As the sun was setting we made our way to the neighbouring village, Garak Matta, where I was finally to meet Pradhan Marawi, the bana player, and was invited to his home. In a short time we were able to build a bond and we travelled musically to different eras. He was mostly quiet in the beginning, then he talked a little (Gond people speak Hindi) and then he played his bana for 15 minutes. Then I asked him if I could play on his instrument and played it for him, about which he was very surprised. He was of the view that only someone with a certain gift can get music out of the bana. That opened him up to me. The session then turned into an unending jugalbandi where I sang and then he sang. We continued into the middle of the night, which was the night of Christmas 2016.

I heard from him stories from the origin of mankind to the great Gond queen, Rani Durgavati, the queen who built the temples of Khajuraho, which is another Unesco World Heritage site and of which Osho has spoken extensively in his lectures on Tantra.

At some point Pradhan offered me a drink of mahua. Mahua is an incredible, locally-made liquor made from the flowers of the mahua tree. I say ‘incredible’ because it has a sweet and at the same time a slightly bitter taste, and after drinking I had a terrible ache in my stomach, which I was told was normal as it increases elimination. I went to the toilet and made a nice dump. I was never so happy with the food I was usually having in Madhya Pradesh. I was glad that finally there was something in a tiny village of Madhya Pradesh which made me feel so good.

The next morning I looked at beautiful tribal art paintings in Pradhan’s house and walked around the village, seeing the natural rhythms unfolding; people setting off for the river in the morning and going to the fields for the day’s work, and then to bathe. I had bought from Pradhan’s son, who is a painter, beautiful pieces of Tree of Life paintings.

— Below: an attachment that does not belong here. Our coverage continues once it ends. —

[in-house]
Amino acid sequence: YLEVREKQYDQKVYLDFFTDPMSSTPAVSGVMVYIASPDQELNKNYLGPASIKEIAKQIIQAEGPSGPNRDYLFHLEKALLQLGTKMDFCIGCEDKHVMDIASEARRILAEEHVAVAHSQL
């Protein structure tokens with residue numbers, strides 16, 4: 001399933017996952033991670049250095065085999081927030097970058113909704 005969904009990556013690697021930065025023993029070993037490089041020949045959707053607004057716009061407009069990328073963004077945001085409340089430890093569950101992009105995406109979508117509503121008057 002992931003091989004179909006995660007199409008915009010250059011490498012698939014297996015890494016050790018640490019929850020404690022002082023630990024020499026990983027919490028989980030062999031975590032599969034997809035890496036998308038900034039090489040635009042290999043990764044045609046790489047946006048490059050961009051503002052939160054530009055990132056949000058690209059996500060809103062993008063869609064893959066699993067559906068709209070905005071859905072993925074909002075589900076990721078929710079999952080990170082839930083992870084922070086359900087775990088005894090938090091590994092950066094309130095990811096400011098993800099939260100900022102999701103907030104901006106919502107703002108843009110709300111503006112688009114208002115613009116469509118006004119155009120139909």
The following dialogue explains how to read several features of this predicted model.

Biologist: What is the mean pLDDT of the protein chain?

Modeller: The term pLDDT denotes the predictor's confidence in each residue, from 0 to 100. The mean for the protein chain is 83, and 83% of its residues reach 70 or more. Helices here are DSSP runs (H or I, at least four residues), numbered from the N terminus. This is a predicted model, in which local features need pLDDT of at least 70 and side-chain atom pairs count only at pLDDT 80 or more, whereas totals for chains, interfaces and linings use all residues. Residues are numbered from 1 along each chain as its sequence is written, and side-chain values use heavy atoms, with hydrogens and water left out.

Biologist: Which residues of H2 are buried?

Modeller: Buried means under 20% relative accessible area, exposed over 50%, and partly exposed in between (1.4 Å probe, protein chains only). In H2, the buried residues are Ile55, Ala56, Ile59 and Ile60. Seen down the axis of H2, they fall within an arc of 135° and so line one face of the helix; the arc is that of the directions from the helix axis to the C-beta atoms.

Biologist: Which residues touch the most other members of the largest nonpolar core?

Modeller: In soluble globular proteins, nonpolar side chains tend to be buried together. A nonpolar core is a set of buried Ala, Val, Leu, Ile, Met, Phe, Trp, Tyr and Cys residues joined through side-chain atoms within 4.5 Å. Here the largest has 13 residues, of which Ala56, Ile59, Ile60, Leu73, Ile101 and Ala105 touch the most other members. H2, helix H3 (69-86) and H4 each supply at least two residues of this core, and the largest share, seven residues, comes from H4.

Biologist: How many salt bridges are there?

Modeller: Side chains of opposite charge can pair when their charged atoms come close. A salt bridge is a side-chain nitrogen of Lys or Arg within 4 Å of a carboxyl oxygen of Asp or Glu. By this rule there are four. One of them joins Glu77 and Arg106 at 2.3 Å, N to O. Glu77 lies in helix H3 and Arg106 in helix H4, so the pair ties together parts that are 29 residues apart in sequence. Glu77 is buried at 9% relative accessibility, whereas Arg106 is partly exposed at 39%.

The Tree of Life appears in all mythologies and religions of the world. For instance, in the Sanchi Stupa near Bhopal the enlightened ones are depicted as the Tree of Life. A wise man in Punjab, I had met in 2011, described the universe as a giant tree, where the earth descends deeper into matter through the roots of the tree, but one out of a million roots changes direction and thrives upwards, again breaking the ground of matter, and rises to become another tree of life or an enlightened one.

After making beautiful connections with the villagers, all Gond people, we headed back to Jabalpur where we went to see the Moulshree tree where Osho attained enlightenment. It was a pleasure to see this tree and also, not far from where he attained enlightenment, a giant statue of Rani Durgavati, the Gond queen who had built the Khajuraho temples. Osho thought these temples to be the highest peak of philosophical growth in India. The two most powerful forces of Indian philosophical thought.

Prem Atul aka Dr Sunny SandhuPrem Atul (aka Dr Sunny Sandhu) took sannyas from Ma Dharm Jyoti. He is currently running Atelier OM, a meditation centre and tribal art gallery ‘Atelier OM’ on the French Riviera. www.atelierom.guru

Video by the author, photos in slide show by the author, from the internet and by Collin Key